The soccer community in the US is a buzz with talk about the ongoing negotiations between Major League Soccer (MLS) and the Players Union (MLSPU). Say what? You haven't heard about any of this? Well, crawl on out from underneath that rock and read on! The Collective Bargaining Agreement (CBA) between the MLSPU and MLS expired on January 31st; and, while the current agreement has been extended twice already, Thursday marks the deadline for avoiding a potential work stoppage. With the season set to kick off on March 25, fans have great reason for concern.
Among the issues at hand are guaranteed contracts; unilateral options; freedom of movement for players waived, terminated our out of contract and free agency. According to Sports Business Daily, sources close to the negotiations state that the league has made concessions in the area of guaranteed contracts for a portion of the player pool and reducing the number of options in a players contract. They have even made a proposal to give players more rights at the end of the contract. However, this does not adequately address the key sticking point of free agency from the players perspective. They want true free agency, not restricted freedom of movement. The MLS salary should effectively prevent teams from creating a bidding war for players.
As Thursday's deadline looms, the likelihood of a works stoppage seems far closer than it did just one week ago. Last Friday the players let loose with a "shock-and-awe" barrage of attacks on MLS that was heard throughout the Internet as Bloggers and players alike lit up Twitter. Houston Goalkeeper Pat Onstad was quoted by Soccer By Ives as saying "We feel the league's not taking us very seriously at all." Center Line Soccer carried a statement from Joe Cannon stating "I know on our side, we’re prepared to strike if we have to for what we want."
As the weekend ensued, MLS President Mark Abbott fired back stating that there "was some sense that the league had not been taking the negotations seriously, and had not made serious proposals, and nothing could be further from the truth..." He reiterated the leagues opposition to free agency stating that they did not see free agency as "something that would be good for the league." In response to the media out-lash by the players, Abbott stated “Our view has been that the most effective way to negotiate a CBA extension is to do so in the bargaining room, across the table, and not in the media."
Monday, the league announced that it was prepared to operate the 2010 season under the existing bargaining agreement and would likely not lock out the players. Operating under the current agreement this year would mean that the players would not see any real progress toward their demands and would also prevent the players from going on strike. A player lockout would not be good for the league particularly in a year featuring the World Cup and the debut of the expansion Philadelphia Union.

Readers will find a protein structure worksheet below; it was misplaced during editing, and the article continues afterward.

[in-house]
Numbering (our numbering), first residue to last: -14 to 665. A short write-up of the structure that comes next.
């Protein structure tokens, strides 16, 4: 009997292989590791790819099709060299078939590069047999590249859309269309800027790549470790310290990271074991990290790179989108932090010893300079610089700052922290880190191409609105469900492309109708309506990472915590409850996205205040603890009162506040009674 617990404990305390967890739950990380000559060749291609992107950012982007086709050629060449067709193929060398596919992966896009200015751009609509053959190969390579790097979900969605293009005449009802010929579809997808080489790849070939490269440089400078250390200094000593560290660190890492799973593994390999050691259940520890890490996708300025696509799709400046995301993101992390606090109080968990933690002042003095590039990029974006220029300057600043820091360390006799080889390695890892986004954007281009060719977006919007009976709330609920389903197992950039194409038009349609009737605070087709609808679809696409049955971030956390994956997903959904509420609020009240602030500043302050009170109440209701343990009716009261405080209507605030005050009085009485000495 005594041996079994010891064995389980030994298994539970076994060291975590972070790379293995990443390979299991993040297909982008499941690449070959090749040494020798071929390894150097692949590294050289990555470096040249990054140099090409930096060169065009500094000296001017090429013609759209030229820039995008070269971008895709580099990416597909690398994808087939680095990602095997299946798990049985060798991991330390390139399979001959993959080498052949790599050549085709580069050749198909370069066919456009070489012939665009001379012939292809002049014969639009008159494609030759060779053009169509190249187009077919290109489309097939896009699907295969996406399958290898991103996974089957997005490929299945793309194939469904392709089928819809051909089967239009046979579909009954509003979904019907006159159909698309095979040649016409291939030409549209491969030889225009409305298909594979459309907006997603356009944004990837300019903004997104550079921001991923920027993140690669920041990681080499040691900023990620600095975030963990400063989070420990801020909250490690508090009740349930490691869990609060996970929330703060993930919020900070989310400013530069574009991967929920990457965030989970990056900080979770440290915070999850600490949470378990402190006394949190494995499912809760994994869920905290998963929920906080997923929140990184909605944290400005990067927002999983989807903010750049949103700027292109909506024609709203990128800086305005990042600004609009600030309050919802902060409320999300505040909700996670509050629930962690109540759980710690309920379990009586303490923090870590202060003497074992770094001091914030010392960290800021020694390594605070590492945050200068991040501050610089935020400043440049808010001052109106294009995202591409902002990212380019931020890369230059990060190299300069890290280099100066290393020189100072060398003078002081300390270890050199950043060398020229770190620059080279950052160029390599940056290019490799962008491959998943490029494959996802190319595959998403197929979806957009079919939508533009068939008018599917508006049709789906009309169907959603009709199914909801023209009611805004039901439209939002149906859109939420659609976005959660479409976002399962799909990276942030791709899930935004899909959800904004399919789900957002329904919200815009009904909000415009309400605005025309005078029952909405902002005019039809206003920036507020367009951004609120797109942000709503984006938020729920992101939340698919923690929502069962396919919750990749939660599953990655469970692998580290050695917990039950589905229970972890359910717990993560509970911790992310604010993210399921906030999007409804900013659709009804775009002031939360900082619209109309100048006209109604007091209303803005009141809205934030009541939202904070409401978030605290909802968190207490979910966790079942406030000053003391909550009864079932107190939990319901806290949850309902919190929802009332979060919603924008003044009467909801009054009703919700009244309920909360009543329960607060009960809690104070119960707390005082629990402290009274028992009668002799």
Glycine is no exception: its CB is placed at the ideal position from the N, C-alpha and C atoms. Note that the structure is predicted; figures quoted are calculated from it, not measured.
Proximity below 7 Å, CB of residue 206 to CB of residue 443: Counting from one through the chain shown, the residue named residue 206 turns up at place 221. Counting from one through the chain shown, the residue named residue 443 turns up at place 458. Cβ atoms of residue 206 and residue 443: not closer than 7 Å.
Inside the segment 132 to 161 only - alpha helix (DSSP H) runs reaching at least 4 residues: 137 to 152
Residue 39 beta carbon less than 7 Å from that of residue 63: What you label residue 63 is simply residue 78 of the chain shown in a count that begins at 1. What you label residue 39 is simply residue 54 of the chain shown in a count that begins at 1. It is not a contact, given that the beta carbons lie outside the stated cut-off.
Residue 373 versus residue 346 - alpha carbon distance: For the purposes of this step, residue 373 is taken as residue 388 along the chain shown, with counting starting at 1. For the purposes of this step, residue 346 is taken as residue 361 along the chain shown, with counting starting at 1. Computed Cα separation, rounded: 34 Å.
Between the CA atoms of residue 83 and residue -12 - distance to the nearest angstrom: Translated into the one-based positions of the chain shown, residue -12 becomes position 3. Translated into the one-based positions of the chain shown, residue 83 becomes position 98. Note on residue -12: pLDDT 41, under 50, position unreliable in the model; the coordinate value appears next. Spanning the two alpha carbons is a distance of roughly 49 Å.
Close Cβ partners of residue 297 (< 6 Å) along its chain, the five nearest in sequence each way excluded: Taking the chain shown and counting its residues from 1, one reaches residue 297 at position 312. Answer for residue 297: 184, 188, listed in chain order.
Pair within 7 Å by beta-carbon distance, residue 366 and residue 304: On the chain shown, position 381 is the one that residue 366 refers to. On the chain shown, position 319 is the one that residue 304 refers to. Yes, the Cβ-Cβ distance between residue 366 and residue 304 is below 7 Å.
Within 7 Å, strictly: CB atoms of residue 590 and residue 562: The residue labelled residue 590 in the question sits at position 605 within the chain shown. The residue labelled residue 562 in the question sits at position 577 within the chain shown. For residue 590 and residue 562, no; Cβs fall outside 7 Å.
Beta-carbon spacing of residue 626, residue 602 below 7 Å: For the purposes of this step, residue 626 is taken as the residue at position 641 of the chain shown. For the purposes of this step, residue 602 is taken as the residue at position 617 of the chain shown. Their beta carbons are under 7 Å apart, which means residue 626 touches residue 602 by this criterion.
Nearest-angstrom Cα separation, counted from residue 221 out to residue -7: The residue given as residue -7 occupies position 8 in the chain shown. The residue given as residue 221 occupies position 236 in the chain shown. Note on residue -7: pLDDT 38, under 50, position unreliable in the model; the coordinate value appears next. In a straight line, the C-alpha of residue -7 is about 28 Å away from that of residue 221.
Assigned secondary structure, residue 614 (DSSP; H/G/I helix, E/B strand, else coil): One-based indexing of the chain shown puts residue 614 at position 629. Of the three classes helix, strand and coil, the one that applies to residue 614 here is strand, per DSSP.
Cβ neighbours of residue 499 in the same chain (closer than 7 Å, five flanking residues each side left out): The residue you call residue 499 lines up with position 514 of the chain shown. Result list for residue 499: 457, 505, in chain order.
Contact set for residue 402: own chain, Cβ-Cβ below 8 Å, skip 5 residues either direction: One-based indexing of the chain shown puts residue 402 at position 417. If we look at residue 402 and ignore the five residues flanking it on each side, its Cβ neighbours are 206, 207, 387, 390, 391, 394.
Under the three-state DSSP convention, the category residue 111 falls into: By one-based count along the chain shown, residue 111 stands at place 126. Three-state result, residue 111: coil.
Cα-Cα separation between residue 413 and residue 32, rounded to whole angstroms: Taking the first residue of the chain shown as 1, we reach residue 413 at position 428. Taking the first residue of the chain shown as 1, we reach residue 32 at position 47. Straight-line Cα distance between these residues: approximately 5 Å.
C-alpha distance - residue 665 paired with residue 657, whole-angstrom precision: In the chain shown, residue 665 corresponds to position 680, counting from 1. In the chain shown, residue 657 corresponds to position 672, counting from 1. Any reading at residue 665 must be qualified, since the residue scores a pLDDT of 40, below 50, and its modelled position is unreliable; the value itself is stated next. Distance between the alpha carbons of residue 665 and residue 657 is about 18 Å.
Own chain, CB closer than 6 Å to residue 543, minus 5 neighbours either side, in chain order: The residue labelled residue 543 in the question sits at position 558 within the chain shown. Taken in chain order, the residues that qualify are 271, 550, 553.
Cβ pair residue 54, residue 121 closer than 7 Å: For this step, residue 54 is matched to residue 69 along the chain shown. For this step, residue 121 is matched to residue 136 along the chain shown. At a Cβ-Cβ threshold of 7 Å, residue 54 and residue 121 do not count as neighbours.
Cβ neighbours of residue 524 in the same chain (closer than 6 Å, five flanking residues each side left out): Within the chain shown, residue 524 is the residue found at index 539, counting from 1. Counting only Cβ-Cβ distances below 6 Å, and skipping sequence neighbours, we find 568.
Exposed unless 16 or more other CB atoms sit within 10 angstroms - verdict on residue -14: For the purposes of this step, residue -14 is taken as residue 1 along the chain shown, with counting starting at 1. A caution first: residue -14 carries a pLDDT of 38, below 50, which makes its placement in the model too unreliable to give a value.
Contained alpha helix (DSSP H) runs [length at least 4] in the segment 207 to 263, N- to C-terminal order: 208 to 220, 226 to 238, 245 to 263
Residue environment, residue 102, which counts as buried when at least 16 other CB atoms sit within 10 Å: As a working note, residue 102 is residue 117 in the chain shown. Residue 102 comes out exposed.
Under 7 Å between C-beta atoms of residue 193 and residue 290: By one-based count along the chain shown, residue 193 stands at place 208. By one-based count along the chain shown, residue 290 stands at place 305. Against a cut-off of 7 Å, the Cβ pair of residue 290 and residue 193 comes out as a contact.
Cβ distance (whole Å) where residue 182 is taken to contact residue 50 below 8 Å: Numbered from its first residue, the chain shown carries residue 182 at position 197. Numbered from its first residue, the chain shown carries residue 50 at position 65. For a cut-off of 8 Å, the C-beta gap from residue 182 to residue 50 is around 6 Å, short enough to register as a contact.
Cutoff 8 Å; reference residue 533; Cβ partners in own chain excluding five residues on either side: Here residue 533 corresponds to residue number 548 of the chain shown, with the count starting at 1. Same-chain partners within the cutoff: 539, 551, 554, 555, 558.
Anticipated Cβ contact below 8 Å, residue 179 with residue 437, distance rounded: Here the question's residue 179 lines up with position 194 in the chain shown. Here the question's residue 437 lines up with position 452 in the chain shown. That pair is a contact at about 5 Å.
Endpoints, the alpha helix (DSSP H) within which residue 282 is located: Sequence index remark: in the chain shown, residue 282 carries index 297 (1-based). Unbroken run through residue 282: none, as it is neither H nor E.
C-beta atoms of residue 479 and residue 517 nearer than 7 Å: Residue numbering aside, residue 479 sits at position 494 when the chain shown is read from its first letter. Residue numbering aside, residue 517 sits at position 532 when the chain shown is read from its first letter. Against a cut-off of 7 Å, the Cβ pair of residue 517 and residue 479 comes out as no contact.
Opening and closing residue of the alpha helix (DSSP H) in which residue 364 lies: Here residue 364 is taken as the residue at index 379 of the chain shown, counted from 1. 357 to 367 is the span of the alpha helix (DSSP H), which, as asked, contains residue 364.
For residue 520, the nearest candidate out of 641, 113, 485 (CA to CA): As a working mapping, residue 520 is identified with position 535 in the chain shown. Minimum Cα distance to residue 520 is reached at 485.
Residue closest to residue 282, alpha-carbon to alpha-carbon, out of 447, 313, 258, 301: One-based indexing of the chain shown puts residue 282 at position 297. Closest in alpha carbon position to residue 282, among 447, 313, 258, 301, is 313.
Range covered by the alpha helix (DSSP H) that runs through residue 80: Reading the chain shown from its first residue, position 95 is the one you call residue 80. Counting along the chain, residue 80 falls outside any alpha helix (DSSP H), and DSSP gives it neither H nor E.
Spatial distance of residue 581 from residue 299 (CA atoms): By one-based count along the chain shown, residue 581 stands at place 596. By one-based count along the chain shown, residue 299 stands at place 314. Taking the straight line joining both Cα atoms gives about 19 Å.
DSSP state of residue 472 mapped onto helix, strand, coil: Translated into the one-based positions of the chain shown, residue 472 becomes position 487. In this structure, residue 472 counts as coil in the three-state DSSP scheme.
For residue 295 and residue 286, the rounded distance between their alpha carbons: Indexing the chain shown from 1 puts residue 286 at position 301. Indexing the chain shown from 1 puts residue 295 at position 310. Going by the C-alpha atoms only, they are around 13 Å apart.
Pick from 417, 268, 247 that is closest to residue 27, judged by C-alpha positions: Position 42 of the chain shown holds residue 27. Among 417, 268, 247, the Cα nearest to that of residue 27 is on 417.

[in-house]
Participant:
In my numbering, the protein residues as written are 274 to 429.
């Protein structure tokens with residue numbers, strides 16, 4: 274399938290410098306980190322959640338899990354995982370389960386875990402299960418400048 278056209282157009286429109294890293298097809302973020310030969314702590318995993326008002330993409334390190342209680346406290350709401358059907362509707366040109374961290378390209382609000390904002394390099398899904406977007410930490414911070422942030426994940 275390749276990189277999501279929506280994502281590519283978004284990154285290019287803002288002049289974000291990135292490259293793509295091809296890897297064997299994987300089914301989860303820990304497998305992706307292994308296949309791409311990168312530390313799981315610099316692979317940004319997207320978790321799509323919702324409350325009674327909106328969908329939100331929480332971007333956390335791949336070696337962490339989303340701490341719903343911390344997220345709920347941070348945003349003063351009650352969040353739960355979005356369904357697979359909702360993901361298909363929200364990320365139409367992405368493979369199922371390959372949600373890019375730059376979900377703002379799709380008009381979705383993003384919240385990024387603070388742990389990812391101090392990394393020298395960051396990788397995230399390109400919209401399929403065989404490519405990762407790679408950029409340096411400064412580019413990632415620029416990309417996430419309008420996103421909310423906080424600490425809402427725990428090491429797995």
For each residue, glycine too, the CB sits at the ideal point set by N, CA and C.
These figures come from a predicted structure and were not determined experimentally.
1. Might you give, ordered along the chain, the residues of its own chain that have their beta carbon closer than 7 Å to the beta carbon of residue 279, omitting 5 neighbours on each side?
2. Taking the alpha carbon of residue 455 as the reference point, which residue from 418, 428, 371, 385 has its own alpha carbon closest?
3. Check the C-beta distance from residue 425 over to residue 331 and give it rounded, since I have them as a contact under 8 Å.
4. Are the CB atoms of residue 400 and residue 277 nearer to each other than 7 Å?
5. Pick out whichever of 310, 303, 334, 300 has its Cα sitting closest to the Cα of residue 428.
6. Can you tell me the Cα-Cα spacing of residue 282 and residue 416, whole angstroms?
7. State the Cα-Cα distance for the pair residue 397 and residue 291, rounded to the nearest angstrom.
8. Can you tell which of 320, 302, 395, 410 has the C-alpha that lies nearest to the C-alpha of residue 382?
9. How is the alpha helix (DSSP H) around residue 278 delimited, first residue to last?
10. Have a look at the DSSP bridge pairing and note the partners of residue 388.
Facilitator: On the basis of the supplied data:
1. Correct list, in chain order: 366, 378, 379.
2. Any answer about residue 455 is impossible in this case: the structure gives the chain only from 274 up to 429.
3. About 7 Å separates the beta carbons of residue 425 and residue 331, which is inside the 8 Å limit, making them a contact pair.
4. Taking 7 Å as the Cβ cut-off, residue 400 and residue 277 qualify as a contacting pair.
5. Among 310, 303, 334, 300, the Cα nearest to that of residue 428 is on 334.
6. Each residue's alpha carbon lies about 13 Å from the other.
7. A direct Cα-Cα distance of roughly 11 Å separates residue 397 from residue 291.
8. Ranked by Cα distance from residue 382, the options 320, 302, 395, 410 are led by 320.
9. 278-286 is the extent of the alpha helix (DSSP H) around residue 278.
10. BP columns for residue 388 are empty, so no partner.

So the question proposed today by Match Fit USA's Jason Davis was "Do the players HAVE to strike now after all the talk because they'll weaken themselves for future negotiations if they don't?" That's an interesting question and the answer depends on whose perspective you take. Most may be thinking of the perspective of the Players and the League. Sure, the players may feel that they must stand strong to prove a point - "now they'll take us seriously!" And the league may think that "the show will go on." But the key perspective to take here is that of the customers - the fans! To understand the potential implications, let's briefly examine the 1994-95 Major League Baseball strike.
In August of 1994, Major League Baseball (MLB) players went on strike. This was the eighth work stoppage in baseball history and lasted for 232 Days - from August 12, 1994 to April 2, 1995. This resulted in the cancellation of nearly 950 games including the entire postseason AND World Series. MLB became the first professional sport to lose its entire postseason as a result of a labor dispute. In addition the loss of the season cost the league several hundred million dollars; it cost certain teams their best season and opportunity for postseason play; it costs players who were approaching league records and it cost the fans in loss of respect for "America's pastime." Fans reacted through slogan-bearing t-shirts and other antics. In Cincinnati, a fan paid for a plane to fly over Riverfront Stadium with a banner reading "Owners & Players: To hell with all of you!" Attendance plummeted. Those who did attend, were more apt to boo than cheer.
In short, the MLB strike of 94-95 cost the league, players and fans dearly and it took many years for baseball to return to prominence. Clearly, then, the question becomes easy to answer from a fan perspective - No! The player's should not strike. When you consider the impact the strike had on MLB, one must seriously question whether Major League Soccer could weather such a storm. The clear solution is for the players and owners to take a customer-focused approach to resolving their differences in a timely manner - for the good of the game!